Carry Trade: Definition, Strategies & How It Works | CFI
What is carry trade

Understanding Carry trades

Real versus Nominal Interest Rates

Let’s suppose I have some euros and if I deposit them at the bank for 1 year, they will give me a return of 3%. This is the nominal interest rate. What this means is, after 1 year I will get back 3% more euros than I put in. Yet if inflation is 1%, this means I can only buy 2% more stuff with those euros. I have only really gained a return of 2%. This is the real rate of interest. What if we expect the interest rate of EUR to increase to 4% in 6 months, but inflation stays about the same? If GBP stays the same, this means that the yield advantage between GBP and EUR will disappear after 6 months. That would likely cause the EUR/GBP exchange rate to rise because now I can only gain my 1% additional return for six months instead of one year



Why do currencies’ value change over time?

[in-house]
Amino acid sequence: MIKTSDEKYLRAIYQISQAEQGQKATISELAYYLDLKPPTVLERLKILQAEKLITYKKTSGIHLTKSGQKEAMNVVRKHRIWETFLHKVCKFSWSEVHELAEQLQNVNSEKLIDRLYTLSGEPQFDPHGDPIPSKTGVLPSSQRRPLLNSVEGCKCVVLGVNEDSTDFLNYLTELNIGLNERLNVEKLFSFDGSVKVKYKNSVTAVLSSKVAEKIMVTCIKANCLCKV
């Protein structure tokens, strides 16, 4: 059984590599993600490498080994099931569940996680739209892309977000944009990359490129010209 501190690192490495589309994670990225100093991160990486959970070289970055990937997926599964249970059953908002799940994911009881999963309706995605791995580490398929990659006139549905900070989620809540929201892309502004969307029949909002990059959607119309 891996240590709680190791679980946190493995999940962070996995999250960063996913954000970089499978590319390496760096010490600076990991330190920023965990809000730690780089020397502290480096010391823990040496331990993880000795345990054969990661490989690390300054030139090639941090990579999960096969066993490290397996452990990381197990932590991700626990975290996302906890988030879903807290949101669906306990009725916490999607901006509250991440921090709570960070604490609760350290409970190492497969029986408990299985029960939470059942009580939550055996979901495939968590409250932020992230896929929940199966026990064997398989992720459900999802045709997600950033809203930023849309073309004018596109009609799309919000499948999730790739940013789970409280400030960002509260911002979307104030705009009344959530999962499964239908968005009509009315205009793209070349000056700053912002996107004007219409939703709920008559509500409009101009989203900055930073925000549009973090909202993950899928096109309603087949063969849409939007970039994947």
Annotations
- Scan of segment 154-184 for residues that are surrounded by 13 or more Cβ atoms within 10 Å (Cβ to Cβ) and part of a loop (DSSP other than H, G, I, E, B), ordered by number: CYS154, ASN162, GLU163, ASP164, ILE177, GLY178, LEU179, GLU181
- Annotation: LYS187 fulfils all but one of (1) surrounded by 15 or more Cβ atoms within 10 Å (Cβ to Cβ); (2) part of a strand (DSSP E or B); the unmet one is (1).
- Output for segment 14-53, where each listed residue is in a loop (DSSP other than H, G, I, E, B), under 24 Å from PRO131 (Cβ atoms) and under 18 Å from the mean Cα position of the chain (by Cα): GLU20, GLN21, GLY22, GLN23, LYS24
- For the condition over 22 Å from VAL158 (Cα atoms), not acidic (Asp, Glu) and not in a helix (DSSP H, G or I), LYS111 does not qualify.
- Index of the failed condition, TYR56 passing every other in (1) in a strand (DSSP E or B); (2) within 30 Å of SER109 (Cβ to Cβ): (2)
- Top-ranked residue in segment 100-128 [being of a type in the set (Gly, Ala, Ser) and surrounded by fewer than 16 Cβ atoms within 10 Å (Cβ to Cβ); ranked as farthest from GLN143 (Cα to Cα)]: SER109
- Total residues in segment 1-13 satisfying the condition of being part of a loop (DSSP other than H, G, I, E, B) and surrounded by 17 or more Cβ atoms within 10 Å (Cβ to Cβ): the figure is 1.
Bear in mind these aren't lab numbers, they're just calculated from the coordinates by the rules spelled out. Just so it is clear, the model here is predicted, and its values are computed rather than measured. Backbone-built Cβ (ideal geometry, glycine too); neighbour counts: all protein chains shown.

Currency trading is all about supply and demand supply and demand of money. A currency’s value against another currency increases because demand is greater than supply at a certain point. A currency’s exchange rate may rise and fall with interest rates, but the interest rates are rising and falling in response to changes in demand and supply and the driver of this is general economic conditions. When demands for capital are high as in a growing economy the real interest rates have to rise as well. Both corporate and government debt has to offer a high enough real return to be able to attract capital. Other